On the trade front, Northey talked about the second round of trade mitigation payments approved by the president to offset export disruptions caused by retaliatory tariffs, and whether changes will be made in the payment structure used for the first round. “We’re within a very few weeks of being able to make an announcement,” said Northey, who said they are looking at potential changes. “It’s imperfect, but what’s important is that the president and secretary said we are going to try and soften the blow as best we can.”

USDA Under Secretary for Farm and Foreign Agricultural Service Bill Northey –
USDA Under Secretary Bill Northey comments at #ARA2018

USDA Under Secretary Bill Northey interview at #ARA2018

2018 ARA Conference & Expo Photo Album

AgWired Animal, AgWired Energy, AgWired Precision, ARA, Audio, farm bill, Trade, USDA

Study Finds Refiners Can Increase Octane Without Ethanol

Cindy Zimmerman 2 Comments

A new Energy Information Administration (EIA) study has found that U.S. petroleum refineries would be able to produce gasoline with a higher minimum octane rating (95 Research Octane Number, or “RON”) beginning in 2022 without using more ethanol meet such an octane standard.

The study, conducted by oil industry consulting firm Baker & O’Brien, determined “refiners would simply increase reformer severity to produce higher octane gasoline blendstock, which would then be blended with 10% ethanol…to meet the minimum 95 RON gasoline requirement.”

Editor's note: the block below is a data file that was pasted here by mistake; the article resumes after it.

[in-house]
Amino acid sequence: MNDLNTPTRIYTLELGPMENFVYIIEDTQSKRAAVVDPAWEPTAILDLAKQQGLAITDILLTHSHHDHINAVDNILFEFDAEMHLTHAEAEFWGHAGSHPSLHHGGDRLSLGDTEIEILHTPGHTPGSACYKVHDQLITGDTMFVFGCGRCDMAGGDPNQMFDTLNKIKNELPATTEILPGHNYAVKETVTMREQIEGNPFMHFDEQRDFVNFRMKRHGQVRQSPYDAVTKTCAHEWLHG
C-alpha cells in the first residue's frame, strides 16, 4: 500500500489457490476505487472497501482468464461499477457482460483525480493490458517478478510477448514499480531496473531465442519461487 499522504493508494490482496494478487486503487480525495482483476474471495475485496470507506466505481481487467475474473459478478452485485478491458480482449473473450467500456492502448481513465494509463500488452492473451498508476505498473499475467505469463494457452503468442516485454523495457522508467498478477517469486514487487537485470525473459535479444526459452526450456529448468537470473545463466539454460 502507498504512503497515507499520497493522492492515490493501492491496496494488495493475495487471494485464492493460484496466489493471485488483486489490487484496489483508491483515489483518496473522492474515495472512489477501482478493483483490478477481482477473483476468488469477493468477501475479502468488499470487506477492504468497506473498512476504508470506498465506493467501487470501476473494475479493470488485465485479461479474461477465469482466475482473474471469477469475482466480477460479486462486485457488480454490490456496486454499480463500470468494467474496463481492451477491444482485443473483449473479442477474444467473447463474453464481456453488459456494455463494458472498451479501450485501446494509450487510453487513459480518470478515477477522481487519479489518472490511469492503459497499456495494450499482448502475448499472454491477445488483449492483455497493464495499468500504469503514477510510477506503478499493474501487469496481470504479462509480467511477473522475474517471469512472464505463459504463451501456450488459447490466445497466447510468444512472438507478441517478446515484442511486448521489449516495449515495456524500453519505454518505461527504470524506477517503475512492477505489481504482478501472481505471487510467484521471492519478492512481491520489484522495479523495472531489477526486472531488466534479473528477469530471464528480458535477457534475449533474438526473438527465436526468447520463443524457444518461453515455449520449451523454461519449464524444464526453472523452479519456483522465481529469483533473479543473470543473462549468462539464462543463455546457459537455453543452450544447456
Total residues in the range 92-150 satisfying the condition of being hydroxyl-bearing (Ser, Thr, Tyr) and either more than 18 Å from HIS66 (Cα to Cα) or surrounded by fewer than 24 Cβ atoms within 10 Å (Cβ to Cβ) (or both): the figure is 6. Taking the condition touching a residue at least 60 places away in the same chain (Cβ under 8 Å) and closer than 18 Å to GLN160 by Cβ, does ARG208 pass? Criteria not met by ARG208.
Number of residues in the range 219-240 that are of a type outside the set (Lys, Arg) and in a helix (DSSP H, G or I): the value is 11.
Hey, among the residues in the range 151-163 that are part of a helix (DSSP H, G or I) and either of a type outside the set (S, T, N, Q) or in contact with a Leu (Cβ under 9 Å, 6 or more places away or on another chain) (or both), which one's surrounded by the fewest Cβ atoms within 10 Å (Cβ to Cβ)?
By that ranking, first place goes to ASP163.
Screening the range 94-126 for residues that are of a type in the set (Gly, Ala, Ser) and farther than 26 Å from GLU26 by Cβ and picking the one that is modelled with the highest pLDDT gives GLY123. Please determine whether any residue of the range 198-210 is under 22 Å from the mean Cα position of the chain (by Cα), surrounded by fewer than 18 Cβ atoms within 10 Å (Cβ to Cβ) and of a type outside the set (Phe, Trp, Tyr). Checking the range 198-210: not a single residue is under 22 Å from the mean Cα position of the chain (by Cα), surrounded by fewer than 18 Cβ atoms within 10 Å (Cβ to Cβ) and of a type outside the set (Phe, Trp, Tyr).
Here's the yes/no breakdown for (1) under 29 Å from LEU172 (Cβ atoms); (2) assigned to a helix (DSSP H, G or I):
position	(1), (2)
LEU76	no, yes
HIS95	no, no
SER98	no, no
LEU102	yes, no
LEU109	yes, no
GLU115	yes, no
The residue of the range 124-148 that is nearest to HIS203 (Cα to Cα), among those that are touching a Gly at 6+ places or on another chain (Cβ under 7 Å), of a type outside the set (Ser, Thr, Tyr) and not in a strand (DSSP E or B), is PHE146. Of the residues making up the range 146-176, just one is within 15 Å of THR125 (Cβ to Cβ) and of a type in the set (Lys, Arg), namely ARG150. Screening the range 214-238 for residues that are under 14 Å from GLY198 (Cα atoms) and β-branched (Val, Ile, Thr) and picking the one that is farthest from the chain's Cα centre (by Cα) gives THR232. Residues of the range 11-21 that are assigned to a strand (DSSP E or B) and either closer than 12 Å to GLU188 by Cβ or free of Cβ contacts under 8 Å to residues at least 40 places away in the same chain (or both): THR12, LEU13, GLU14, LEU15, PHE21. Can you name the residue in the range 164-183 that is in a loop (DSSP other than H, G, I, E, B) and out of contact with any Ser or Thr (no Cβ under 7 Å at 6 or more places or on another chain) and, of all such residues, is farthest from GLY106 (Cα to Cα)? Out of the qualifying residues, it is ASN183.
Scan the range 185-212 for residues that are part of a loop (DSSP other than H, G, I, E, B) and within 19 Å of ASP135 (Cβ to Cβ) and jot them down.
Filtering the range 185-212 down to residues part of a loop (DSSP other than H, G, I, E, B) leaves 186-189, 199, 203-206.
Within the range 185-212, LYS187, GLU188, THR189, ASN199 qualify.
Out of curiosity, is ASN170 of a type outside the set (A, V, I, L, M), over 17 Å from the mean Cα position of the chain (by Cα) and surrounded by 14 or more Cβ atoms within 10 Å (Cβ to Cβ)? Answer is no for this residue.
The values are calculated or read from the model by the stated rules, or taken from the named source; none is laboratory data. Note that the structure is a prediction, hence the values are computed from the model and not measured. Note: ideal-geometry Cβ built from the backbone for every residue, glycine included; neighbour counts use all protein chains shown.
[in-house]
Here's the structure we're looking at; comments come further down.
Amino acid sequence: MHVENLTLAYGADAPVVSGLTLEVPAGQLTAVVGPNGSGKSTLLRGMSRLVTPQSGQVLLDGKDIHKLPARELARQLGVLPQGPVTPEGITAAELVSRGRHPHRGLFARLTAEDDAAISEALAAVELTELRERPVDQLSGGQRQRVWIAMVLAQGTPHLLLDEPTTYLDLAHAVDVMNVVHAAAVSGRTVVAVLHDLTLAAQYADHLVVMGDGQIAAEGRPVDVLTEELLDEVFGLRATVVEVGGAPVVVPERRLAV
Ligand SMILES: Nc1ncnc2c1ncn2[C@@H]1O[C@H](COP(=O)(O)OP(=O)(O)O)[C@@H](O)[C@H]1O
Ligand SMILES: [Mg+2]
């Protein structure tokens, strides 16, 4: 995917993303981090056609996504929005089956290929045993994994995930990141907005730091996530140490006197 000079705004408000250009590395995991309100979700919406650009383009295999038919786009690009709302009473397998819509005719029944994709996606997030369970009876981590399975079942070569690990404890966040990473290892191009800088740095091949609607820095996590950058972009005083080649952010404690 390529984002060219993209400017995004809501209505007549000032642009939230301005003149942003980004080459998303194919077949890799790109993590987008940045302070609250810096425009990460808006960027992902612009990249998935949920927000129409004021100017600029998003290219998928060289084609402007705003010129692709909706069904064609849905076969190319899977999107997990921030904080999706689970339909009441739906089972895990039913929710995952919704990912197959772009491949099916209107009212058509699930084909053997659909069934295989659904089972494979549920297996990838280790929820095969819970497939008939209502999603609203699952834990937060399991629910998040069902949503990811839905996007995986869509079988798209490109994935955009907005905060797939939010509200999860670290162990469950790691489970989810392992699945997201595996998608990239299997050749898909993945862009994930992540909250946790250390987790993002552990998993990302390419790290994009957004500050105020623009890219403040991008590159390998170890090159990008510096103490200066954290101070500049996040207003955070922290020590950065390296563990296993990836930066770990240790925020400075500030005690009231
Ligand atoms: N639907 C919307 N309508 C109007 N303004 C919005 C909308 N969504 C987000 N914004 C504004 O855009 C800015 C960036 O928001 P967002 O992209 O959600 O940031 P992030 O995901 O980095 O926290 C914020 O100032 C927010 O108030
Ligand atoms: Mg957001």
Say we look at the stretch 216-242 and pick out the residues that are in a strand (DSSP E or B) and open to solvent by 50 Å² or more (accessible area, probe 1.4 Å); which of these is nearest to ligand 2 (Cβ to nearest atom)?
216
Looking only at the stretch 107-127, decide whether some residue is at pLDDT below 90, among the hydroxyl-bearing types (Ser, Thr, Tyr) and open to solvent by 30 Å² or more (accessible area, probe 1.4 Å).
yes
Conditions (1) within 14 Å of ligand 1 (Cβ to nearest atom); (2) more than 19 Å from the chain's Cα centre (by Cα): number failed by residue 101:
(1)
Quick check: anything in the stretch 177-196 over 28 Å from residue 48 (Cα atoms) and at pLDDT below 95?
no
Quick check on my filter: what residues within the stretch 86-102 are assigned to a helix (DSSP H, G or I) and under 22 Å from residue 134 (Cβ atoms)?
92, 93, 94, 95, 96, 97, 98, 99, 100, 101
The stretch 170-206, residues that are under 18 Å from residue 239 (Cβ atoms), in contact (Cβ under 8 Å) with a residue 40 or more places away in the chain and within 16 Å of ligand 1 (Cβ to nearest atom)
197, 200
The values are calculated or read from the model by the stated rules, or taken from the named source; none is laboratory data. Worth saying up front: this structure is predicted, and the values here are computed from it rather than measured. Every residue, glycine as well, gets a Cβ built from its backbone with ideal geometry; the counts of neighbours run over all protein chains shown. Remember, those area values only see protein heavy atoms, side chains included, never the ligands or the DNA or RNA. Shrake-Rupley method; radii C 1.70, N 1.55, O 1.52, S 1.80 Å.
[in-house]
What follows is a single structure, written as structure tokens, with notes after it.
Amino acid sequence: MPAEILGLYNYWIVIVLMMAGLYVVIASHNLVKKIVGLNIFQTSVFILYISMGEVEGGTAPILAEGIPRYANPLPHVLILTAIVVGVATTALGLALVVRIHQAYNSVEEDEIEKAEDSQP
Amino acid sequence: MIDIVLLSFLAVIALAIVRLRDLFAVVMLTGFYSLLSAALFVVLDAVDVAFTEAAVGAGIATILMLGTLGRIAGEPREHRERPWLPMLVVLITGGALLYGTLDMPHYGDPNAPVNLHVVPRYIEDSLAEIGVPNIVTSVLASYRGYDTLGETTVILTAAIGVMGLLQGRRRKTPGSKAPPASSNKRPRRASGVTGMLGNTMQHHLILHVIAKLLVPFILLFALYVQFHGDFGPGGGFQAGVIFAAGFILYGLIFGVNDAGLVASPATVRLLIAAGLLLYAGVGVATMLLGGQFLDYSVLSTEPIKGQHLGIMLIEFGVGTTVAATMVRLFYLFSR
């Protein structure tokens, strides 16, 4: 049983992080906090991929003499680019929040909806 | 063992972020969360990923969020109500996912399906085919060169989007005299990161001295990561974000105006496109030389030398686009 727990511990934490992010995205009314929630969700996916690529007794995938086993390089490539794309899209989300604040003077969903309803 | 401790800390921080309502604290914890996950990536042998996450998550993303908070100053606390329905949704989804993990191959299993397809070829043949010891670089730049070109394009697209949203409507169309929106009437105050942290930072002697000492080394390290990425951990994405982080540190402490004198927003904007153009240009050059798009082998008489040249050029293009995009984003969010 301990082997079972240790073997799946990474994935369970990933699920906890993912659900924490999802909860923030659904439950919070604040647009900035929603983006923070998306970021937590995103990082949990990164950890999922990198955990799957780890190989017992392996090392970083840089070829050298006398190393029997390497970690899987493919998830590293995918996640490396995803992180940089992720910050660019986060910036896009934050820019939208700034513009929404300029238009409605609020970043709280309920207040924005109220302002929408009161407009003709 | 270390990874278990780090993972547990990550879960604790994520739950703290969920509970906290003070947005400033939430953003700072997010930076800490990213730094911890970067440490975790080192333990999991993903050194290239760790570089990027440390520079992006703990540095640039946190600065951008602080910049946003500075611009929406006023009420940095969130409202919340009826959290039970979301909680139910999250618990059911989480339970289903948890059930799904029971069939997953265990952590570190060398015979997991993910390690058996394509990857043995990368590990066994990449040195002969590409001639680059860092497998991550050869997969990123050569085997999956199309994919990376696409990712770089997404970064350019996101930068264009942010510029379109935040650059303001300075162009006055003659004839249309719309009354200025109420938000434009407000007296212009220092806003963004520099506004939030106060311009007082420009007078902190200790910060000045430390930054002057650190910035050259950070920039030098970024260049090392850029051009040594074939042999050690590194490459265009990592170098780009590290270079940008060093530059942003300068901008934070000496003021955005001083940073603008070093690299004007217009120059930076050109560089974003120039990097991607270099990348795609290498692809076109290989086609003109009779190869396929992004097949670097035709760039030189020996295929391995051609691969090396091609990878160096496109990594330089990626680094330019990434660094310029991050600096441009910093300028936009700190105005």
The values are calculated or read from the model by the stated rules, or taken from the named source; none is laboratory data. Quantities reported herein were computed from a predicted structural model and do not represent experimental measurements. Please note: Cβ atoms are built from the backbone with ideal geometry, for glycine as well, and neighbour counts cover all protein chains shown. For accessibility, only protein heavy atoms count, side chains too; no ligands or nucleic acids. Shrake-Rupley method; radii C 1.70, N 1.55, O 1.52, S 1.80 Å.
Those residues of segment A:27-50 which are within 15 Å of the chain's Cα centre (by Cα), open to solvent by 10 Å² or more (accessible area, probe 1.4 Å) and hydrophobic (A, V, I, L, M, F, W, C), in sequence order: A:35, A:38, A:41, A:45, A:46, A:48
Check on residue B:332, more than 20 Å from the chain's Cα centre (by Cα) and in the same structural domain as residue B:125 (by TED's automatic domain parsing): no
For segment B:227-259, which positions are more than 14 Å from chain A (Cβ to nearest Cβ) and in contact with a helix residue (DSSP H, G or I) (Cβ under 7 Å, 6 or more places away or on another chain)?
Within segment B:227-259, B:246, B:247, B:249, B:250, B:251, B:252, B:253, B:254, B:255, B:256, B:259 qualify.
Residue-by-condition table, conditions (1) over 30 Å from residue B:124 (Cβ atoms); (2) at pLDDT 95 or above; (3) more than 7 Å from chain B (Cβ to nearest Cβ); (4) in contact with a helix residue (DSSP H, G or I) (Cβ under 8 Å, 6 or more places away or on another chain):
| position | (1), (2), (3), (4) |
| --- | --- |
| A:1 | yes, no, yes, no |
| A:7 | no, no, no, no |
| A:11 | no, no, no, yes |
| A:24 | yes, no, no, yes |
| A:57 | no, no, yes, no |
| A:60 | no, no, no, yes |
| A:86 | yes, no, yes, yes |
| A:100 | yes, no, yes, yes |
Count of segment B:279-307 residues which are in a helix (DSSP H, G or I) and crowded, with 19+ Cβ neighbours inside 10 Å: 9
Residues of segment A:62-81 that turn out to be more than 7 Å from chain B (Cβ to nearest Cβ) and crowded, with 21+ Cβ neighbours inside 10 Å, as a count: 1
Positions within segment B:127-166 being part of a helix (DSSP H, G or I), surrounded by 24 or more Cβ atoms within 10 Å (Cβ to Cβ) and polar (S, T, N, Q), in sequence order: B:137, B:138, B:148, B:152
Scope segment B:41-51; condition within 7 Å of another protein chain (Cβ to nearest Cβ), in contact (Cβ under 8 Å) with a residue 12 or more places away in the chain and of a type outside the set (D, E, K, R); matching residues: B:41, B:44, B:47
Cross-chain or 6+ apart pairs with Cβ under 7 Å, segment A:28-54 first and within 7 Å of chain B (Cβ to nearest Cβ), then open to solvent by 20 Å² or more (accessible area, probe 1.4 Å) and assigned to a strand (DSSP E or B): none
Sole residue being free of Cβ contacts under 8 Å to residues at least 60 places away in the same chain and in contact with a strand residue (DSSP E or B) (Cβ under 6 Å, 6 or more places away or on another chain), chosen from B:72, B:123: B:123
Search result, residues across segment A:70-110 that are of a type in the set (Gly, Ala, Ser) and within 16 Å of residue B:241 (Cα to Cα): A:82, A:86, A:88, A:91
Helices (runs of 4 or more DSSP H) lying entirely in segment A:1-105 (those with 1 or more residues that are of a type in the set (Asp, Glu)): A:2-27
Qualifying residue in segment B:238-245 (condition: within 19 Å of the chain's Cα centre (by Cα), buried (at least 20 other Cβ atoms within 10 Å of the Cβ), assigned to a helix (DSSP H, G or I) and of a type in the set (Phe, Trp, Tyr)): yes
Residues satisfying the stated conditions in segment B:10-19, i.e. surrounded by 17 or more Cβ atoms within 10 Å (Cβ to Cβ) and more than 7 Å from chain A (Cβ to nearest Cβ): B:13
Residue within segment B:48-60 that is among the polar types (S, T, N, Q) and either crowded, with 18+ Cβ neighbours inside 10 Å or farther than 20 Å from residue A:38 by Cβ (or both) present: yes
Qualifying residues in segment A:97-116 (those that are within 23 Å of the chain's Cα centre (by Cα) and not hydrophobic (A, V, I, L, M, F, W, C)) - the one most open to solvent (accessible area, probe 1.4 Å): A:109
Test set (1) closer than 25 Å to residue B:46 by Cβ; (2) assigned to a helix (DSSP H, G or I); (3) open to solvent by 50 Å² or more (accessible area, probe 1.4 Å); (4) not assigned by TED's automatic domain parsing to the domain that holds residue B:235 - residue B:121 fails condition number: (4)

“This study confirms that a 95 RON requirement by itself would do nothing to expand the market for ethanol, even though ethanol will continue to reign as the cheapest and cleanest source of octane available on the market,” said Renewable Fuels Association (RFA) President and CEO Geoff Cooper said. “Rather than using ethanol to boost octane, refiners would choose to run their reformers more intensively to increase production of higher octane hydrocarbons, many of which are highly toxic and would worsen air quality. However, if implemented alongside of—not in lieu of—the Renewable Fuel Standard, a 95 RON requirement could provide new market opportunities for America’s ethanol producers and farmers, as refiners would be compelled to do the right thing and choose ethanol as the primary means of raising octane levels. Still, to truly deliver the efficiency gains and emissions reductions needed in the future, a high octane, low carbon fuel with 98-100 RON would be a much better option.”